Reference : Sensitivity of Greenland Ice Sheet surface mass balance to perturbations in sea surfa...
Scientific journals : Article
Physical, chemical, mathematical & earth Sciences : Earth sciences & physical geography
http://hdl.handle.net/2268/163934
Sensitivity of Greenland Ice Sheet surface mass balance to perturbations in sea surface temperature and sea ice cover: a study with the regional climate model MAR
English
Noel, Brice []
Fettweis, Xavier mailto [Université de Liège - ULiège > Département de géographie > Topoclimatologie >]
van de Berg, W.J. []
van den Broeke, M.R. []
Erpicum, Michel mailto [Université de Liège - ULiège > Département de géographie > Topoclimatologie >]
20-Oct-2014
Cryosphere
Copernicus
8
1871-1883
Yes (verified by ORBi)
International
1994-0416
1994-0424
Katlenberg-Lindau
Germany
[en] During recent summers (2007–2012), several surface melt records were broken over the Greenland Ice Sheet (GrIS). The extreme summer melt resulted in part from a persistent negative phase of the North Atlantic Oscillation (NAO), favoring warmer atmospheric conditions than normal over the GrIS. Simultaneously, large anomalies in sea ice cover (SIC) and sea surface temperature (SST) were observed in the North Atlantic, suggesting a possible connection. To assess the direct impact of 2007–2012 SIC and SST anomalies on GrIS surface mass balance (SMB), a set of sensitivity experiments was carried out with the regional climate model MAR forced by ERA-Interim. These simulations suggest that perturbations in SST and SIC in the seas surrounding Greenland do not considerably impact GrIS SMB, as a result of the katabatic wind blocking effect. These offshore-directed winds prevent oceanic near-surface air, influenced by SIC and SST anomalies, from penetrating far inland. Therefore, the ice sheet SMB response is restricted to coastal regions, where katabatic winds cease. A topic for further investigation is how anomalies in SIC and SST might have indirectly affected the surface melt by changing the general circulation in the North Atlantic region, hence favoring more frequent warm air advection towards the GrIS.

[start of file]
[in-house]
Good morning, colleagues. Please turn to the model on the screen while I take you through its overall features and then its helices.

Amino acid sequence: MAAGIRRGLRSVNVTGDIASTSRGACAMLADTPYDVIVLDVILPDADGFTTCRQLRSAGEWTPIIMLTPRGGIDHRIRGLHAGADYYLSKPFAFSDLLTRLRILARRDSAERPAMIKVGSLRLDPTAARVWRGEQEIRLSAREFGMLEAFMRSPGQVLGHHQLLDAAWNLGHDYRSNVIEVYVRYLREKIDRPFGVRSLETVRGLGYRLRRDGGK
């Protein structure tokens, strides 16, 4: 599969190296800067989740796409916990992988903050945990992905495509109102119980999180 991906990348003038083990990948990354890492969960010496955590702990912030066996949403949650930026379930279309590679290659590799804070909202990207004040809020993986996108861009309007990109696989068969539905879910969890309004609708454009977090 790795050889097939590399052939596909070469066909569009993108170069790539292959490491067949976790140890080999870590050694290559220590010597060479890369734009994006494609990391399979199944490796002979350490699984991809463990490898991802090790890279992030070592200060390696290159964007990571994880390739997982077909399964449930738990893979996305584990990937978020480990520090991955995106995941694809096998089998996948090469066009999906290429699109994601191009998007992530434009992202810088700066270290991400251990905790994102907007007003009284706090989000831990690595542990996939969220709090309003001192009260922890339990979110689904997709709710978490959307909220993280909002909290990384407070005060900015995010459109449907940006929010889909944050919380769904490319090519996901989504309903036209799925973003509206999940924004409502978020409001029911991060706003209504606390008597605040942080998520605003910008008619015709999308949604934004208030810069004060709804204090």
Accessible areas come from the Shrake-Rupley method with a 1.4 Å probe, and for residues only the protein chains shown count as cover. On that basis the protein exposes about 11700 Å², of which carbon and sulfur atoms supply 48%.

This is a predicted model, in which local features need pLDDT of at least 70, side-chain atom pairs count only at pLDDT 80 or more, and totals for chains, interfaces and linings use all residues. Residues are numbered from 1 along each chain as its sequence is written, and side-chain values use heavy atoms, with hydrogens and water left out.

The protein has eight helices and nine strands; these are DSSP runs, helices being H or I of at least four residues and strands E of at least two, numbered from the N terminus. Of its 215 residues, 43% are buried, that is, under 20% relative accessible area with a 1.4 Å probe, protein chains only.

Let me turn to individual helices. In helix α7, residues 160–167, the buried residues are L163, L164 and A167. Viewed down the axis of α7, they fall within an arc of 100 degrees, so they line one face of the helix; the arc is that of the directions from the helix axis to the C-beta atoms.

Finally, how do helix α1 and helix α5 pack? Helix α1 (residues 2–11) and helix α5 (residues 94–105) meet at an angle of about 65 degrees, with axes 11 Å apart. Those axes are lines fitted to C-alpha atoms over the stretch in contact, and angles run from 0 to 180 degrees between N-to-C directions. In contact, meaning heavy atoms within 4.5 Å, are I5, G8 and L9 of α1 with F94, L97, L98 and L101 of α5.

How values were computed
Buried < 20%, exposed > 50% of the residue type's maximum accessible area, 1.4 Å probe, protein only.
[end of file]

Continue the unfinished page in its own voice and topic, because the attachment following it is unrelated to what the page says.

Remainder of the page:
Researchers ; Professionals ; Students
http://hdl.handle.net/2268/163934
10.5194/tc-8-1871-2014
http://www.the-cryosphere.net/8/1871/2014/tc-8-1871-2014.html

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